High prices, low quality and bad service are often used to describe dining services on-campus. Many students avoid eating on-campus, longing for off-campus alternatives. However, ARAMARK is very much underrated. They have made dramatic improvements over the past few years, introducing changes that deserve applause.

Since when did establishing meal plan requirements – particularly for seniors to at least have bronze declining – constitute an evil plan to strip our money away? Many ignore the reason that ARAMARK is simply responding to parents’ concerns about their children’s nutritional needs. Attending two Freshmen Orientations allowed me to hear parents voice their concerns about the aspects of student life. I’ve heard a number of comments from parents that are worried their children will not have enough to eat. Rather than thinking cynically, one can attribute parental pressure instead of money-making as the reason for the meal plan requirements.

This year, ARAMARK has revamped their operating hours and food variety. It has expanded the hours for Danforth and Douglass dining centers. Danforth now includes breakfast hours, allowing residents living far away from the Pit to enjoy a meal close by.

Prices have declined, even as operating hours increased. For example, dinner at Danforth has decreased from $11 to $9.75. ARAMARK seems to have sacrificed some profit at the expense of higher cost.

Many students, especially upperclassmen, avoid Danforth as much as possible, but they are missing out. The all-you-can-eat salad bar still exists – something that is missed at Douglass, where one uses an entire club meal on one salad. The home station, stir fry, the Deli and the pizza station constantly change, dispelling the misconception that dining services serve the same food everyday.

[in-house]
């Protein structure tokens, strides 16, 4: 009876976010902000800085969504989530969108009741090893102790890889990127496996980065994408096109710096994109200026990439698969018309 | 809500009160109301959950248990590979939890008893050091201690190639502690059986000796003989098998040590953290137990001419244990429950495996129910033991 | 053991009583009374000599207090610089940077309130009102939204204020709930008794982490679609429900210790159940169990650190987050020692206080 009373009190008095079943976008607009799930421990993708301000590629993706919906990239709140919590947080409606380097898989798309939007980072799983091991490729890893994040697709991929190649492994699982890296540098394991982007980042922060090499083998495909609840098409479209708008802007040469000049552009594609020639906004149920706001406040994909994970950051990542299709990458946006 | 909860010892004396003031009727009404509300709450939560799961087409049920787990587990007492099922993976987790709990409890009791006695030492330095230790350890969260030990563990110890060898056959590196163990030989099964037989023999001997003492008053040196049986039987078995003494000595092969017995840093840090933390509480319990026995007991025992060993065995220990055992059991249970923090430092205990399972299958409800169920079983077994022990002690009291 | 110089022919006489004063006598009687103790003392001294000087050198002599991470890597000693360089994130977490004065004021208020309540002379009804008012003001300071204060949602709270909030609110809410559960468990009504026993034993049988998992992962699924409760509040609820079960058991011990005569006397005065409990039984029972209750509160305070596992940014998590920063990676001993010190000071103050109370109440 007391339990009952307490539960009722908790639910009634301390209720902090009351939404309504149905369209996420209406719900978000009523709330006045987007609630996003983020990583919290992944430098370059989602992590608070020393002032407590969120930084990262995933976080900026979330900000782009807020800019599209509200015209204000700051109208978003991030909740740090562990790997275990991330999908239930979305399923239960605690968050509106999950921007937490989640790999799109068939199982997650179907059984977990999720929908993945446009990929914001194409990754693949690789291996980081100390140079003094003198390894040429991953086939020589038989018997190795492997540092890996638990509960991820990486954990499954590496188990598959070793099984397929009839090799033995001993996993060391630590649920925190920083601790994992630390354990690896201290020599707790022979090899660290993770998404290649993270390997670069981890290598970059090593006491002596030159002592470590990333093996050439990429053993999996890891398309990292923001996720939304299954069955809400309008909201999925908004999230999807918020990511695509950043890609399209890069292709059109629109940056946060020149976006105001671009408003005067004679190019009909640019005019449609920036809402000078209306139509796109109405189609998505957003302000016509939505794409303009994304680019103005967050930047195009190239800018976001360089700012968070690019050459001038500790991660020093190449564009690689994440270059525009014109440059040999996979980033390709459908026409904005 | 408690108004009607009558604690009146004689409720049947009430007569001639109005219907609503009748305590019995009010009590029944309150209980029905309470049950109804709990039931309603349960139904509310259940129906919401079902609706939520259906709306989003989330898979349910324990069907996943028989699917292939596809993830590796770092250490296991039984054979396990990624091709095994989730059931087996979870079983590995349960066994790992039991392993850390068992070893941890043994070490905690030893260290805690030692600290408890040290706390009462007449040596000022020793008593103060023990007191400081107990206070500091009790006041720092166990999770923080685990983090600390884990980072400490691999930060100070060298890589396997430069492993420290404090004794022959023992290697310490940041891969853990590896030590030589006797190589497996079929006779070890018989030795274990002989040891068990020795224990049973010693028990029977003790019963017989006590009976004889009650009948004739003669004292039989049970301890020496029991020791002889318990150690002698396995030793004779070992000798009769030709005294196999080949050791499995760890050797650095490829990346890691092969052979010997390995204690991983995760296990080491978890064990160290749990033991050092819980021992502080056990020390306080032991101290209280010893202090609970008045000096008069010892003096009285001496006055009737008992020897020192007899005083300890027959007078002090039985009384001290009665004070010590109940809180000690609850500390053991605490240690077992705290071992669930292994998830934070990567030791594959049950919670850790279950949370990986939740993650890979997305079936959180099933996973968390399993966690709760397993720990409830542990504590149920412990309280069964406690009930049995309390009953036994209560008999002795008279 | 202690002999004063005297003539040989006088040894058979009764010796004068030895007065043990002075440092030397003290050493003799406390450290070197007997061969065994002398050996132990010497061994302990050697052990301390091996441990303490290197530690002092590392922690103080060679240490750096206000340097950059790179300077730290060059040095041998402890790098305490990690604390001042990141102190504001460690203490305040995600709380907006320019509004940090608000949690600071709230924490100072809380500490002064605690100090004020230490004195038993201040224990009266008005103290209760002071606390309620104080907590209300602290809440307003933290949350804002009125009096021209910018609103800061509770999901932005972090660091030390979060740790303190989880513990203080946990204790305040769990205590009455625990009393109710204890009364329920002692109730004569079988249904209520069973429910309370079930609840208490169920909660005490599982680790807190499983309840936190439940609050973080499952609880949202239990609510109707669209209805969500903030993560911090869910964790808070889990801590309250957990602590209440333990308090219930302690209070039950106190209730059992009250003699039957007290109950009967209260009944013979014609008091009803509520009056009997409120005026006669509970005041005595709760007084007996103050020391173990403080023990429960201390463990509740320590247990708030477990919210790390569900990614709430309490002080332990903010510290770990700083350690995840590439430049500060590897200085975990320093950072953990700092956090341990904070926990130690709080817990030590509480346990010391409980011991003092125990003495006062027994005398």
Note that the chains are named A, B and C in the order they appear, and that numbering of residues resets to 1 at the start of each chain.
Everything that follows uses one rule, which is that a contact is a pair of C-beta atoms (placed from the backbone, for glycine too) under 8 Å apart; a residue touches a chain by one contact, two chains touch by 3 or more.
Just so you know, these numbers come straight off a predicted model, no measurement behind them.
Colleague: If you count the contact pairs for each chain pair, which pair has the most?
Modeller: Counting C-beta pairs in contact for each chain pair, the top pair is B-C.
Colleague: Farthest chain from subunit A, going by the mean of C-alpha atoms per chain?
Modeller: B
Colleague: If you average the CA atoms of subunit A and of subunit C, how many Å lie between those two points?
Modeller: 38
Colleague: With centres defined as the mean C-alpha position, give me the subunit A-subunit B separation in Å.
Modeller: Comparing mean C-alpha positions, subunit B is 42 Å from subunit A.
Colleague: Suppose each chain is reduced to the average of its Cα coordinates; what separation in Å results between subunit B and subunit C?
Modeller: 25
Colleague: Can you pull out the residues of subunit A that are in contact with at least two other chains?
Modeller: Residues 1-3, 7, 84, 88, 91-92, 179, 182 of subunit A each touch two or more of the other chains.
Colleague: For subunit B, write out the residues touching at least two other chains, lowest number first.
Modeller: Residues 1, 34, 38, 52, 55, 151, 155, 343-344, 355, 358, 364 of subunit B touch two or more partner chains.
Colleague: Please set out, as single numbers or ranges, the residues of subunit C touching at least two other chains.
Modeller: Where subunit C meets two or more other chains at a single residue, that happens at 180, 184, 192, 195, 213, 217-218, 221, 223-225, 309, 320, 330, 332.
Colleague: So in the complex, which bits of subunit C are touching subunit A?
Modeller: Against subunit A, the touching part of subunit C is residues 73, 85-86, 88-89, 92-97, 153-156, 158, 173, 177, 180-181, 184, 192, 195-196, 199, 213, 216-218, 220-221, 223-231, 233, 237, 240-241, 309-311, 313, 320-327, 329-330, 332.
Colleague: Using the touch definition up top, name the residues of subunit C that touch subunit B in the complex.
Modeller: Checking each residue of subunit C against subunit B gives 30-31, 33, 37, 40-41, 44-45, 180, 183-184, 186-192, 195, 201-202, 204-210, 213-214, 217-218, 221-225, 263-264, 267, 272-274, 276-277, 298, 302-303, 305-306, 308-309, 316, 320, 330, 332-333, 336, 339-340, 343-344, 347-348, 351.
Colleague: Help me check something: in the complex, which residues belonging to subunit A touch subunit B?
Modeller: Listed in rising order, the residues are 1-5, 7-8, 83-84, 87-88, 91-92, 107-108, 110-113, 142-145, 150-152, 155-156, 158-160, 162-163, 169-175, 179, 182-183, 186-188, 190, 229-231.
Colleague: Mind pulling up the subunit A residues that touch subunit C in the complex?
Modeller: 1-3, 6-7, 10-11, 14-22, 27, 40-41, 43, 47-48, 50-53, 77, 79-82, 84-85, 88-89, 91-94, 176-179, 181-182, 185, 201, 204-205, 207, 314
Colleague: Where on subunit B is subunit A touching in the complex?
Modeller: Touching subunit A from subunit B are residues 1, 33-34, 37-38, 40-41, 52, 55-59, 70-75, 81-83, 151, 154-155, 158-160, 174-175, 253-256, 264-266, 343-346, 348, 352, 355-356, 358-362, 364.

Too many students complain about the quality of on-campus food. I believe it is quite the contrary, however. I often see workers changing their gloves, washing their hands and checking the temperature of the food to prevent chemical formation in the food. After all, they are liable for any harm their food causes.

Expanding food variety could not be more emphasized. Hillside recently opened The Creamery for delightful desserts. The ITS Java Cart now offers high quality bagels rather than generic ones from the off-campus vendor, Balsam Bagels.

One of the biggest problems of the negativity about ARAMARK is that upperclassmen continually instill criticisms to the minds of underclassmen. The best approach, in my opinion, is to permit freshmen to judge for themselves.

One of the notions that need to be eradicated is the idea that all big corporations are evil. Some of them are rational profit-maximizing firms that care about their customers. ARAMARK is probably one of them.

Lee can be reached atalee@campustimes.org.



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